By Elin Herskin
Last Tuesday, Danish voters went to the polls in what would turn out to be the most dramatic election in decades. The election campaign revolved around the creation of a broad, central government comprised of parties from both sides of the political spectrum. Incumbent Prime Minister Mette Frederiksen and her coalition ultimately secured a narrow majority, posing the question of whether Frederiksen will honour her election promise of a broad coalition.
Traditionally, the primary battle in Danish politics is fought between two broad coalitions: The Liberalist/Conservative coalition known as the blue bloc and the Social Democratic coalition known as the red bloc. The red bloc won the last election in 2019, allowing the Social Democrats to form a one-party government led by Prime Minister Frederiksen. For this election, however, new developments have altered the traditional red-blue divide in Danish politics. In January, former Prime Minister Lars Løkke Rasmussen created his new party, Moderaterne or the Moderate – yes the same name as Birgitte Nyborg’s party in the acclaimed Danish political drama Borgen. Leading up to the election, Løkke refused to declare support for either of the two blocs, arguing for a broad, central government that would return power to the middle of Danish politics.
After an election campaign where the European energy crisis and mounting pressure on the Danish health care system have been the main points of contention, Tuesday’s election would determine whether Frederiksen, a divisive figure among the Danish population, would stay in power. While some have applauded the 44-year-old Social Democrat for leading Denmark through a period of crises, others have criticised her for being self-willed and centralising power around herself. Most notable was Frederiksen’s decision to slaughter all 17 million Danish minks out of fear of Covid-19 mutations without legal justification, followed up by “grossly misleading” statements according to a parliament-appointed commission.
When the polls closed at 8 on Tuesday night, predictions on who would reach a majority began. The magic number to form a majority government in Danish politics is 90, in the 179-seat parliament which is informally known as The Castle. Tension was rising as the two largest media platforms in Denmark predicted different outcomes, and for a long time, it looked as if Frederiksen would lose her majority. However, as the hours went by and more and more votes were counted, the Social Democratic coalition slowly caught up with Moderaterne and the blue coalition. Around midnight when 99.8% of the votes had been counted, the predicted outcome was 89 seats for Frederiksen, leaving the red bloc just one short of achieving a majority. But in politics, there is always a twist in the tail, and after the final 0.2% were accounted for the result changed and revealed that Frederiksen and her coalition had reached the necessary 90 seats. The North Atlantic votes from Greenland and the Faroe Islands tipped the balance, each having two parliamentary seats, and three out of those four went to the red bloc. Frederiksen’s party, the Social Democrats, gained two seats compared to their result in 2019 and became the largest party with 50 seats. In addition to Frederiksen securing her majority, another noteworthy election outcome was Løkke’s Moderaterne winning 16 seats and becoming the third-largest party. However, because of Frederiksen’s majority, Løkke does not wield enough seats or power to gain the role of kingmaker despite an otherwise impressive showing.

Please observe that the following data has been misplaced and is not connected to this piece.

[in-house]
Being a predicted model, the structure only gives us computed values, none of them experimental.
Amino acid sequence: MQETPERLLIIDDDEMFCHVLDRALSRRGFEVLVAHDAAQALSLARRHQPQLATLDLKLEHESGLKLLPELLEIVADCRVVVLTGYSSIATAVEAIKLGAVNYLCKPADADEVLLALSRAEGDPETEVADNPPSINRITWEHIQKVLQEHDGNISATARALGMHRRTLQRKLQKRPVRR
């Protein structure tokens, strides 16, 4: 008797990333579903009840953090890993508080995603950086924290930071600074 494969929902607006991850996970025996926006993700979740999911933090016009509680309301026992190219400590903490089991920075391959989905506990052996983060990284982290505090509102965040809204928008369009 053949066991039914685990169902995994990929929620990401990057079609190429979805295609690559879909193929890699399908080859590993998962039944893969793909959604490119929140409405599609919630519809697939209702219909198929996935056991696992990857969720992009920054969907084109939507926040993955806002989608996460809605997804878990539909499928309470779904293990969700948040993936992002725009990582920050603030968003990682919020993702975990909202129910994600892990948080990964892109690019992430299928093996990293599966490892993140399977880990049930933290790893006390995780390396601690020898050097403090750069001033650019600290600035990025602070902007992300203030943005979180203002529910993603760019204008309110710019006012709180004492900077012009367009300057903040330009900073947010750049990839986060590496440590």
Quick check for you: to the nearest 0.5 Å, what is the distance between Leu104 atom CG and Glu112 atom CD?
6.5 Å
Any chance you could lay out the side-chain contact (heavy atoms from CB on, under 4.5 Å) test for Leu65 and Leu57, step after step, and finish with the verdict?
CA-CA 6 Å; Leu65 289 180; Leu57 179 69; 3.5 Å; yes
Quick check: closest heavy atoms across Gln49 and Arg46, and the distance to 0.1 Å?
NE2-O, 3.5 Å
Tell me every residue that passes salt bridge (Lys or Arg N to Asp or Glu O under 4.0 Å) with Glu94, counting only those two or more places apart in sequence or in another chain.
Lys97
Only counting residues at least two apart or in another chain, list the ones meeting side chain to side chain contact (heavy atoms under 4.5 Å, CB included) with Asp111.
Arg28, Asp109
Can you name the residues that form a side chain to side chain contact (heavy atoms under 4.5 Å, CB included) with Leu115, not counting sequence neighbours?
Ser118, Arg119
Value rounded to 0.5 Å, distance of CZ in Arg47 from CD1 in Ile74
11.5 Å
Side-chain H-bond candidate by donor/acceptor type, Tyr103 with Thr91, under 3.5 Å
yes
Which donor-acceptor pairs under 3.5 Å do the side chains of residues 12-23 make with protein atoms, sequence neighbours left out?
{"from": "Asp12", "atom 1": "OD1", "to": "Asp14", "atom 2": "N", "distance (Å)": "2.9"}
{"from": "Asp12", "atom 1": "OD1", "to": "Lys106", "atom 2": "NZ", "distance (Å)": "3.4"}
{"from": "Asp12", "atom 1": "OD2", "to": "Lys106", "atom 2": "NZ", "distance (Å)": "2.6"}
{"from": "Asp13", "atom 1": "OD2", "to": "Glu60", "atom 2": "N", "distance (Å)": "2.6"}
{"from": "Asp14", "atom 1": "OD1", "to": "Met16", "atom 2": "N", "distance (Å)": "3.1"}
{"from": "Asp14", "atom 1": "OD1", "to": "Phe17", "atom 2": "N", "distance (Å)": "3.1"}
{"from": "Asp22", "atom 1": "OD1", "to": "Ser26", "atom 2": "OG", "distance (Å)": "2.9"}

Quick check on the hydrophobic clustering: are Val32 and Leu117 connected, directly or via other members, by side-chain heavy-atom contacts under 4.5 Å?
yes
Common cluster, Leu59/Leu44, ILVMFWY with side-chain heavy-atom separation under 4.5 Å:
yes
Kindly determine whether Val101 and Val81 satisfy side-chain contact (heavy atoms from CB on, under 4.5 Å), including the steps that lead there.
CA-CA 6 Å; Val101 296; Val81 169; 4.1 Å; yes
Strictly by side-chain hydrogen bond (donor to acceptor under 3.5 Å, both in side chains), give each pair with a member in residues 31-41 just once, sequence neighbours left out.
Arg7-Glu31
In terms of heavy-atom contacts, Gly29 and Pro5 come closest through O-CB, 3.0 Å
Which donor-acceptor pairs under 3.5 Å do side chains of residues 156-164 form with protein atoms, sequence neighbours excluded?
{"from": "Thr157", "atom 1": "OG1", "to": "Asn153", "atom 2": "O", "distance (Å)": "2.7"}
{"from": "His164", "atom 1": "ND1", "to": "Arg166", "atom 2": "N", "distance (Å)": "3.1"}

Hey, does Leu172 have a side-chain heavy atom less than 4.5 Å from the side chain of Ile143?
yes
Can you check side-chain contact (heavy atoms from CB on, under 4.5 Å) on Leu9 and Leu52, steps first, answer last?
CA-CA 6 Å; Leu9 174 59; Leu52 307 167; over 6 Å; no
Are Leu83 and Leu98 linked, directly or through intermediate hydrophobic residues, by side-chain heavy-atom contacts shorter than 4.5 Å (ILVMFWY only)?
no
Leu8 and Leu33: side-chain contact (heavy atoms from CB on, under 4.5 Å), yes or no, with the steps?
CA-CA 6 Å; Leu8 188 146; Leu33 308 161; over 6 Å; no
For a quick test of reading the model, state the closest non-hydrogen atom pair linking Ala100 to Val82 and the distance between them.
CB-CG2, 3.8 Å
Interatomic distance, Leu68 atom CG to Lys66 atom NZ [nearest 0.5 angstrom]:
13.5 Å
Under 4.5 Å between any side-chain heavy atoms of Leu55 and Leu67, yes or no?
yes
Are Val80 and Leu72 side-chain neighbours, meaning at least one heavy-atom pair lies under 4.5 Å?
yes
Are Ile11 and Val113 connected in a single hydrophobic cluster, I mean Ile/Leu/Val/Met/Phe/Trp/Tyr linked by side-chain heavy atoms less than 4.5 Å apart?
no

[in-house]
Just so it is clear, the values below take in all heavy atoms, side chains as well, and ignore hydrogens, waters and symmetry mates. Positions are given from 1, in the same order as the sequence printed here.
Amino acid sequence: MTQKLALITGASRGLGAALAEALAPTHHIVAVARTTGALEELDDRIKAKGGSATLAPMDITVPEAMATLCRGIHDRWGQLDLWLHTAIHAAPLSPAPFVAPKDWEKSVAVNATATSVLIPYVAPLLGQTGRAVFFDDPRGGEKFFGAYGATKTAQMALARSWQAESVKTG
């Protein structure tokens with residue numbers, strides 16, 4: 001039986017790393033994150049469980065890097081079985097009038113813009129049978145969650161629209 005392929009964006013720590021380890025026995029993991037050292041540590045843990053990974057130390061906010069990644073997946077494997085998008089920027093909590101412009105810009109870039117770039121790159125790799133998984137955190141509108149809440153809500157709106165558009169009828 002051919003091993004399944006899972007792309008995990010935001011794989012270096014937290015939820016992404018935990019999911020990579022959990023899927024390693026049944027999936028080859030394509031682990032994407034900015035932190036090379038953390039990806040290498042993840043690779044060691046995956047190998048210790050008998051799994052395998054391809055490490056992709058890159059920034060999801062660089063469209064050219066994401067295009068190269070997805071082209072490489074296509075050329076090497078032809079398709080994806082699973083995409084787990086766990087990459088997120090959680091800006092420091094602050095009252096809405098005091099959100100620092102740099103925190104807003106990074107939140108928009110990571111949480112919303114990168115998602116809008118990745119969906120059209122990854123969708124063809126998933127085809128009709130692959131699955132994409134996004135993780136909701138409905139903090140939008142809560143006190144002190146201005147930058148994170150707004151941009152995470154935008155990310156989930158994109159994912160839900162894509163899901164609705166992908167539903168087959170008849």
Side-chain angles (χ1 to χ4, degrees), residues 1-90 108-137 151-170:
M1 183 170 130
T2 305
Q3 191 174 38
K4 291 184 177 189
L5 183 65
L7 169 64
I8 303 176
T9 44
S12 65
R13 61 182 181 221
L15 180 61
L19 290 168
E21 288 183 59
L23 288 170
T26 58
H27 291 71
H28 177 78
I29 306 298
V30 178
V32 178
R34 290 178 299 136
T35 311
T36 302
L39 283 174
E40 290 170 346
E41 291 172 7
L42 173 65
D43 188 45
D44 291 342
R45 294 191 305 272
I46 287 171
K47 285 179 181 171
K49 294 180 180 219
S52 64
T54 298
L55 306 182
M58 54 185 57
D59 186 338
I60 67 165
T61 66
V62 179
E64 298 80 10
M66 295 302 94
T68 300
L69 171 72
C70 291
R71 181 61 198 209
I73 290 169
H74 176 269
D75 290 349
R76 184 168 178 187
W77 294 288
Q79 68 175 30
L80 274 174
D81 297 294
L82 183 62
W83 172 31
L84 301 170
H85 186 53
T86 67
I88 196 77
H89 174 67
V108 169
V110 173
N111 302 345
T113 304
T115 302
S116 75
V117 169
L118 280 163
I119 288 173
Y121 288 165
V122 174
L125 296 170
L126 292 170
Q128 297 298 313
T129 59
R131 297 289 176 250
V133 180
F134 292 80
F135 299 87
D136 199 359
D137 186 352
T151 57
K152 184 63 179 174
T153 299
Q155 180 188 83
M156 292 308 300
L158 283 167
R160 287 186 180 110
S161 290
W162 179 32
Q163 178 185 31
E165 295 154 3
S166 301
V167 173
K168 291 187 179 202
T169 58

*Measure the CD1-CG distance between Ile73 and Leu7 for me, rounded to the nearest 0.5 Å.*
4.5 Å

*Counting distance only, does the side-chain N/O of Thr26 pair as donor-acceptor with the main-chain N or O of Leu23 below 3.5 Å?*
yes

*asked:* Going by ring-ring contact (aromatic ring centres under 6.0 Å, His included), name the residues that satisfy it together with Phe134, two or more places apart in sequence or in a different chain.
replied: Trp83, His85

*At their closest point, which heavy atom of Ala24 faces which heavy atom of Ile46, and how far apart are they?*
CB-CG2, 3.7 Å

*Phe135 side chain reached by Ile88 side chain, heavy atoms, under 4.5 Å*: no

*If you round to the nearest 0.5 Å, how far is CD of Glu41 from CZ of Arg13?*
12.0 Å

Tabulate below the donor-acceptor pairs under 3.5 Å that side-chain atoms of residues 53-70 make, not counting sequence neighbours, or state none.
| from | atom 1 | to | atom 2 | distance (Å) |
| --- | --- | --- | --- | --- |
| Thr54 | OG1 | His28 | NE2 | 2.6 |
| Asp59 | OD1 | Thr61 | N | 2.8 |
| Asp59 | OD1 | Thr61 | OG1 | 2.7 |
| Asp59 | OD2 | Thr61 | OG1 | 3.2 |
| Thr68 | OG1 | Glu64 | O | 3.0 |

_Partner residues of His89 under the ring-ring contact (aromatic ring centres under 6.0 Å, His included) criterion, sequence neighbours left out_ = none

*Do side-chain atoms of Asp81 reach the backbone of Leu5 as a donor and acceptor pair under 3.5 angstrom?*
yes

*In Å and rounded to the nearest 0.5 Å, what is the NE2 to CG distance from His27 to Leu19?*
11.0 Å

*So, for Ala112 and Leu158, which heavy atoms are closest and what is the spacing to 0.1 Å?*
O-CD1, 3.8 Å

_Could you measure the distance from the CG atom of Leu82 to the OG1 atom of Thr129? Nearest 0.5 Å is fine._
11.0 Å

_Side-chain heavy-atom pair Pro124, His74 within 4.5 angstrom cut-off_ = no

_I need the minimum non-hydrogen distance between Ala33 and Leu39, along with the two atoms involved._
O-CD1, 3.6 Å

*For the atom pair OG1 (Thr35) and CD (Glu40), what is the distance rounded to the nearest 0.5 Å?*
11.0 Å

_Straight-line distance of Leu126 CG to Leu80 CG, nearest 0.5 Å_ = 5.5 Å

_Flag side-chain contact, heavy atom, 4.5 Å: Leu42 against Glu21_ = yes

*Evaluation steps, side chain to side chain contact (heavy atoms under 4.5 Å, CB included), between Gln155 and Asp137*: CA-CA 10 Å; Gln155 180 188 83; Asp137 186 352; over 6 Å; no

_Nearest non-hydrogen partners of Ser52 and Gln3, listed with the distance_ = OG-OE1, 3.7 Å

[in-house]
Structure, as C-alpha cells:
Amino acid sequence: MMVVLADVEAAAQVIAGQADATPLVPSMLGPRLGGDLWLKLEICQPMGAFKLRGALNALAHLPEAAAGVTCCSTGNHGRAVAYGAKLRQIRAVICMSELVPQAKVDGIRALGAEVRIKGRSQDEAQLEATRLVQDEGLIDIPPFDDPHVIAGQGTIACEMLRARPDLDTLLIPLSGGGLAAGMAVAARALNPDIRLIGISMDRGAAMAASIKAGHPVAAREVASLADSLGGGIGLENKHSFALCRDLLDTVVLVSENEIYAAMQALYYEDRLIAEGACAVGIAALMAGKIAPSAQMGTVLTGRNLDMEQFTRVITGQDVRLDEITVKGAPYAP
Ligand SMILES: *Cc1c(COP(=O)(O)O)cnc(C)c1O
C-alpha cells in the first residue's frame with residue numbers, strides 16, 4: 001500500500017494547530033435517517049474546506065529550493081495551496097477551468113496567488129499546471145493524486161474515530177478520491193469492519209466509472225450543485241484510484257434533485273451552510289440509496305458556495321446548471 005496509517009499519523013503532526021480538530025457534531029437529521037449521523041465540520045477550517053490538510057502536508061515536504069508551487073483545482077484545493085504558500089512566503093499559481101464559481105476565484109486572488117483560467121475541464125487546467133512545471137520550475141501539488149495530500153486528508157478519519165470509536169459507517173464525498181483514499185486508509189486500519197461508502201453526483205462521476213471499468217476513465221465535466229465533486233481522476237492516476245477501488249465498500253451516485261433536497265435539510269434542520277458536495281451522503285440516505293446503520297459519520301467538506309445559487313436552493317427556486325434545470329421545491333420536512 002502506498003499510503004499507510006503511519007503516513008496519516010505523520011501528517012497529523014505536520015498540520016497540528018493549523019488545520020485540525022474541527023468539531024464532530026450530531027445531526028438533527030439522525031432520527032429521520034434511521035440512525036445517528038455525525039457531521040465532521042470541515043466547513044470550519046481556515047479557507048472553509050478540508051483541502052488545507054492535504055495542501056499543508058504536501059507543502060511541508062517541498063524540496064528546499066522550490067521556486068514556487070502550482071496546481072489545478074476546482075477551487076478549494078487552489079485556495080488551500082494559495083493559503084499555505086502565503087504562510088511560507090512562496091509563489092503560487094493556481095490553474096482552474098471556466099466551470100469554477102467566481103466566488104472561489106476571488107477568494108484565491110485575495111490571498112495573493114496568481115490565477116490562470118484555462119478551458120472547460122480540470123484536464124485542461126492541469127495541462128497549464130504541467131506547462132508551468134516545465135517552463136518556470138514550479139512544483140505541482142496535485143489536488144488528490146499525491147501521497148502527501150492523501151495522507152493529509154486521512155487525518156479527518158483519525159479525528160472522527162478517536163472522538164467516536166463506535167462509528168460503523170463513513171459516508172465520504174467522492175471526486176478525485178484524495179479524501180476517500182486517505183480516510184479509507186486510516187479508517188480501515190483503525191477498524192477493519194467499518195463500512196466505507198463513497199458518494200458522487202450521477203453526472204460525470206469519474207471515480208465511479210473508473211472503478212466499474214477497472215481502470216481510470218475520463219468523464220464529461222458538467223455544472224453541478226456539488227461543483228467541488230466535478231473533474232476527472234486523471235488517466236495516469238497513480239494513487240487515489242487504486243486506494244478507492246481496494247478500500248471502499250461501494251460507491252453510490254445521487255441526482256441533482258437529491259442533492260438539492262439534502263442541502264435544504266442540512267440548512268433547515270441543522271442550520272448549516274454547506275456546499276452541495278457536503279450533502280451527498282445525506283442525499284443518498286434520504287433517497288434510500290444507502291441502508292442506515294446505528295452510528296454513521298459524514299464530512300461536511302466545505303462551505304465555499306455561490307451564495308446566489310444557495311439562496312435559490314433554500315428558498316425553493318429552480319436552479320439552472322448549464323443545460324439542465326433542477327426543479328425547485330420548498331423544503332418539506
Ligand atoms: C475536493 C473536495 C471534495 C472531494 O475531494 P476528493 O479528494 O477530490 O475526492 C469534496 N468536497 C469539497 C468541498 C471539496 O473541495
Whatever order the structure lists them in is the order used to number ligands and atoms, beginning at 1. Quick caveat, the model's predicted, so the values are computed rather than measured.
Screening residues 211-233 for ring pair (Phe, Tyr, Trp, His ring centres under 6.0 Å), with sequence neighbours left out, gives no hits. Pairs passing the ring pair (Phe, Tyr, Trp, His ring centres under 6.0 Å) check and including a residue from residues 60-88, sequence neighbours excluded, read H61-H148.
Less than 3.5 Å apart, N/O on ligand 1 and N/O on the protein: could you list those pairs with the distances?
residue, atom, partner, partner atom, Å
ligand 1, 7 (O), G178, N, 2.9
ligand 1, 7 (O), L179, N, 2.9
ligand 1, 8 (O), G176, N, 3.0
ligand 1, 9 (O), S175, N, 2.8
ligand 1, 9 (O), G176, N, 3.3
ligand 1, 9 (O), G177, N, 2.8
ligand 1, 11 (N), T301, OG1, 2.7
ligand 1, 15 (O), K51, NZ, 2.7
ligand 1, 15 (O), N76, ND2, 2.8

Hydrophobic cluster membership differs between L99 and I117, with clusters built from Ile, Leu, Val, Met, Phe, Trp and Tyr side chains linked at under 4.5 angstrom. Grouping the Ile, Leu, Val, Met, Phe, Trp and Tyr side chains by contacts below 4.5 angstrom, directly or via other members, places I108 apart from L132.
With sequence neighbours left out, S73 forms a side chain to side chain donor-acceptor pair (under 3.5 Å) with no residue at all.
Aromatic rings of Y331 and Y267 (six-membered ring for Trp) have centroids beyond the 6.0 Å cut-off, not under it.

The election results were generally characterised by the emergence and success of new political parties, while the traditional parties suffered heavy losses. Most notable was the loss suffered by Venstre, The Liberal Party, who lost an astounding 20 seats. Another party that suffered a dramatic loss on Tuesday night was Radikale Venstre, The Social Liberal Party. Ironically, Radikale Venstre and leader Sofie Carsten Nielsen were the reason for the election in the first place. The party has criticised Prime Minister Mette Frederiksen for being self-willed and centralising power around herself, giving her an ultimatum to either hold the election or lose their support within the red-bloc coalition. Nevertheless, Radikale Venstre proceeded to declare their support for Frederiksen as Prime Minister after the election, arguing that if the new government included more parties than just the Social Democrats, Radikale Venstre would support it. Perhaps this somewhat contradictory course of action can explain the party’s disastrous election results, as Radikale lost 9 of their 16 seats. With the party more than halved, Sofie Carsten Nielsen resigned as the party’s leader on Wednesday night. Whether she will be the only party leader to suffer the ultimate consequence of Tuesday’s election remains to be seen.
Prime Minister Mette Frederiksen and The Social Democrats came out on top after Tuesday’s election and achieved their best result in more than 20 years. As a result, Frederiksen will now be able to form a government using only the mandates of the red coalition. However, nothing is final yet as negotiations begin between her and the other parties to determine who can form a government. Will Frederiksen use her narrow majority to form a strictly red-bloc government and break her election promise of a broad coalition? Or will she include parties from the other side of the spectrum, most likely former Prime Minister Lars Løkke Rasmussen, and the Moderates? That will all depend on the upcoming negotiations.
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